Have you noticed when you walk into some homes/premises or offices that you start sneezing, after a while you get a headache or feel bit unwell?
Maybe you noticed that your colleagues or loved ones have reacted when they enter a certain building, office, friend’s house they start sneezing, get an allergic reaction, feel headachy or noticed symptoms of asthma, neurological disorders, depression or unexplained weight gain and much more.
Symptoms like these are connected to the environment we spend most of our time.
Today’s doctors and complementary medical experts who practice environmental medicine believe that the stressors we’re exposed to on a continual basis could be the underlying factor in the huge growth of these conditions.
So what are these environmental stressors?
Two major issues which affect many of us are environmental pollution and electro smog.
Here’s what they are and how to deal with them:
What’s the problem?
We’re aware of the problems that external environmental pollution causes; just last year we had to contend with smog, Saharan dust and pollution coming from France and other European countries.
Admittedly, the air pollution now is not as intense as that which blanketed the country in 1952, when it was estimated that between 4000 and 8,000 people died as a direct result of the smog!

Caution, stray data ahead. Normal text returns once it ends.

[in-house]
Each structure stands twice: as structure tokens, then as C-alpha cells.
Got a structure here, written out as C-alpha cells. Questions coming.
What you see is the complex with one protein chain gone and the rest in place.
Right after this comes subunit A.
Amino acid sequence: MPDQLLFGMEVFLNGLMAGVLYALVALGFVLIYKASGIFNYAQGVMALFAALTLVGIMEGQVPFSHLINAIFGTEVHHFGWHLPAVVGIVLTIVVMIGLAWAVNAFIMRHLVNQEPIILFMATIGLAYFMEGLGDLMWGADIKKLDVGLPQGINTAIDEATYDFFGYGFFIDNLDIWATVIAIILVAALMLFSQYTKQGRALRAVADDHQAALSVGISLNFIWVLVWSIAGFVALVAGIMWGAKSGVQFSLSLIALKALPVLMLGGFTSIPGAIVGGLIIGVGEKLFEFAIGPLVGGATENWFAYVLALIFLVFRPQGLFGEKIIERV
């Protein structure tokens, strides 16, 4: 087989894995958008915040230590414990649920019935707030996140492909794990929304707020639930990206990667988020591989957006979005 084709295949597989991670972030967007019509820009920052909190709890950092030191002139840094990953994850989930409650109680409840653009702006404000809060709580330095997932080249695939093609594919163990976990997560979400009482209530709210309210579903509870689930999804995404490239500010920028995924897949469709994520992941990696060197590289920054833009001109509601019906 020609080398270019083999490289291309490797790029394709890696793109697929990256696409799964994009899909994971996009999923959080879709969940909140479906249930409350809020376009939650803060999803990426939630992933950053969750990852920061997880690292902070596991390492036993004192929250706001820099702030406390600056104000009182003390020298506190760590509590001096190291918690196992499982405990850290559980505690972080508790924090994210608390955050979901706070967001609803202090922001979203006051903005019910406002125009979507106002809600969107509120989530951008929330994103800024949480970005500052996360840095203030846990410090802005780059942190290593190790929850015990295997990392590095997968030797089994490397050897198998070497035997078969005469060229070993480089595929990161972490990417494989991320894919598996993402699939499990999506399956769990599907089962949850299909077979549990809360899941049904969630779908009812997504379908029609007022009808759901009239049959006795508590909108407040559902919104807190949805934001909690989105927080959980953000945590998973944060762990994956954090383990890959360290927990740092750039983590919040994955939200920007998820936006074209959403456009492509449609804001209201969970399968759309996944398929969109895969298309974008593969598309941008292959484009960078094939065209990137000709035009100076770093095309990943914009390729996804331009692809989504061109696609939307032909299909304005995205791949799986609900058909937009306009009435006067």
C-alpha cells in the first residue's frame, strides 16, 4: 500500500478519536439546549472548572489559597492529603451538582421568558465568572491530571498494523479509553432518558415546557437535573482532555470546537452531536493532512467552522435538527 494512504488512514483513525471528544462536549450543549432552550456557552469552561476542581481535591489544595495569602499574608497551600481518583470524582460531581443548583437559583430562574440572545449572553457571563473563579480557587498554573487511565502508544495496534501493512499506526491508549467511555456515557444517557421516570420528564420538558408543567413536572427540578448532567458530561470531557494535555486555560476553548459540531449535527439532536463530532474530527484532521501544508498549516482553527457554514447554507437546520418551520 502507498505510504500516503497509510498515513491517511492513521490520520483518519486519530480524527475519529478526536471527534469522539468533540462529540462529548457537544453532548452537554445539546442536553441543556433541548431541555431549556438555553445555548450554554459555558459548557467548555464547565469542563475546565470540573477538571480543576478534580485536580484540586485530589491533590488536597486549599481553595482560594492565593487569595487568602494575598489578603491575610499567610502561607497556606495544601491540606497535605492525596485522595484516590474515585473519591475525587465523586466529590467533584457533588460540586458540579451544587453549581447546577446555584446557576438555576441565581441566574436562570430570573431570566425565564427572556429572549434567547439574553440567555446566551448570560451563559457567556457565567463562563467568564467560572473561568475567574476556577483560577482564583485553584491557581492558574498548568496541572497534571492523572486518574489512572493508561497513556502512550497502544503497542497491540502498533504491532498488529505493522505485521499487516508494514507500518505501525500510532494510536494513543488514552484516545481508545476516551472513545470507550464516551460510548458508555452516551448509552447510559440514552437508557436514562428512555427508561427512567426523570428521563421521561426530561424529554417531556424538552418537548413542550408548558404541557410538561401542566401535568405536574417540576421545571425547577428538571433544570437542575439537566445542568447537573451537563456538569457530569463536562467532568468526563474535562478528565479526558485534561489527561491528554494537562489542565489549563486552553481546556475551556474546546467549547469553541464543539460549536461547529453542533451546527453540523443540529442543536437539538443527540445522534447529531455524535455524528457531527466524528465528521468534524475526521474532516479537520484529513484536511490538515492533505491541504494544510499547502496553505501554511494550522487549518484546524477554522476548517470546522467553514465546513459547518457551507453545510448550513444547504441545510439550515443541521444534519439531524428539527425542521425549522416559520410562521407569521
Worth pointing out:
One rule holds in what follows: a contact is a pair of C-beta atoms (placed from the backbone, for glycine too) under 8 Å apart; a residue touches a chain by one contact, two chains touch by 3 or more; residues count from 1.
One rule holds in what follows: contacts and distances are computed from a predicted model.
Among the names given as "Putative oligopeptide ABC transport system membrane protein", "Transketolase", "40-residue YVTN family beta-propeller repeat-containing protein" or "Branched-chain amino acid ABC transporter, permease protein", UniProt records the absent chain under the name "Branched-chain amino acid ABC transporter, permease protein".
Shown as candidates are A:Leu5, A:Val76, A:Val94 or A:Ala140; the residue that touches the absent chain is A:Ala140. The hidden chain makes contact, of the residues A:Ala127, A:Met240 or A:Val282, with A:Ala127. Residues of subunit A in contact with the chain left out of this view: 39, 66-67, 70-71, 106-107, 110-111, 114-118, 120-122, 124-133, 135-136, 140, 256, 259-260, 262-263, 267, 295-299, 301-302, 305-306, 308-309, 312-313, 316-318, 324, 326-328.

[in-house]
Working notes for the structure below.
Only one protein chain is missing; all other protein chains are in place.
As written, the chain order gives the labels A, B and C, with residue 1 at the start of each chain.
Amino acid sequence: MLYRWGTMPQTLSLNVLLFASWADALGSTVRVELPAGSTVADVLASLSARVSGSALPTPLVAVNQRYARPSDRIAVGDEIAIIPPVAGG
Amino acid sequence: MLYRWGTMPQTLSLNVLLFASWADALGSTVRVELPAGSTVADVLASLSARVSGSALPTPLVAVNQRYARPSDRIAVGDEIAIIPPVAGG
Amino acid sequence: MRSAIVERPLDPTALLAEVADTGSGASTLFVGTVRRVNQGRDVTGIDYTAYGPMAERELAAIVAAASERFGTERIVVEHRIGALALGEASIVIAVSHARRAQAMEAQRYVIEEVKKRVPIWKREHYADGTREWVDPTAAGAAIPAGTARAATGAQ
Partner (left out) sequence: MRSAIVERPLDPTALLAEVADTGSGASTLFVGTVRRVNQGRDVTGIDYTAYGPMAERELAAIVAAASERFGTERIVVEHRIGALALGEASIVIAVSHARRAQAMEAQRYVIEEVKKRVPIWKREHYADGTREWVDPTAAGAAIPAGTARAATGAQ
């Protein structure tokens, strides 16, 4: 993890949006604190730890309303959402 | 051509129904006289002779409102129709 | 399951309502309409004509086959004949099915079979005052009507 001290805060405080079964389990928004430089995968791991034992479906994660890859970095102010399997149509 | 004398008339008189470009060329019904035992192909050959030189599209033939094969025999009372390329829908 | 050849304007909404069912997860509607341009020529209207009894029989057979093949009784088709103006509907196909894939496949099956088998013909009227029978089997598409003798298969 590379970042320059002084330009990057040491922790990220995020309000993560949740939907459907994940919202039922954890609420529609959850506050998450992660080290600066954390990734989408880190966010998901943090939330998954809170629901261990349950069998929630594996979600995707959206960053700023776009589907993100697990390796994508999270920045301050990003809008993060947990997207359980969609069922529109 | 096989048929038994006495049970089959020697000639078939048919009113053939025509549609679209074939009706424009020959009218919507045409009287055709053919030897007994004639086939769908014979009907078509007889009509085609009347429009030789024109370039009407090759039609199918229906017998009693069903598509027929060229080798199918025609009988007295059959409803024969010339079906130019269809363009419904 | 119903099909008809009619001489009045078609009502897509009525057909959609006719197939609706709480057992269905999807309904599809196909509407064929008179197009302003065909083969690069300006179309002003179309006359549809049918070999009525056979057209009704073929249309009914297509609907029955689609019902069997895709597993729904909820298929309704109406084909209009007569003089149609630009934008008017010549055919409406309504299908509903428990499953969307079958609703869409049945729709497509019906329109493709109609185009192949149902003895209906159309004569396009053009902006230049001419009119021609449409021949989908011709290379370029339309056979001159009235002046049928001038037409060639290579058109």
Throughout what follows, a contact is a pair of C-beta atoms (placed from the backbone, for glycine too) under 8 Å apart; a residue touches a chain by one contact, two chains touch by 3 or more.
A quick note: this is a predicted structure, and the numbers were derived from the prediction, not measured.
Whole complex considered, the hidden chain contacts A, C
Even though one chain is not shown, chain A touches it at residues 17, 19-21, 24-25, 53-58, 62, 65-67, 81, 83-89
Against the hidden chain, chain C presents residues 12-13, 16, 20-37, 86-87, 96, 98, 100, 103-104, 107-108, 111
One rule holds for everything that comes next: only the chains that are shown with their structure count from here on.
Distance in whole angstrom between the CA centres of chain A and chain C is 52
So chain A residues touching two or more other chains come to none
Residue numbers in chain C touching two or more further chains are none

External pollution presents a serious health problem and the WHO has data which shows that it definitely shortens our lifespan – so we need to try to avoid it if at all possible.
The more insidious problem for us exists within our homes.
We are surrounded by artificially produced items which exude chemicals, including furniture, carpeting, upholstery and even pesticides in our food.
The colourless and odourless poisons that are on, in and exuded by these items have become part of our lives for the last 30 to 40 years.
The problem is that our exposure to these chemicals is relentless: whereas acute exposure to chemical substances can cause an immediate reaction, such as an allergy which, while inconvenient and uncomfortable, often won’t do any long-lasting damage to our overall health.
However, chronic, relentless exposure over a longer period of time can be much more deadly, simply because we are not aware of it.
So, we don’t produce any noticeable symptoms as such, but the negative effects, which are thought to be cumulative, may not appear for decades.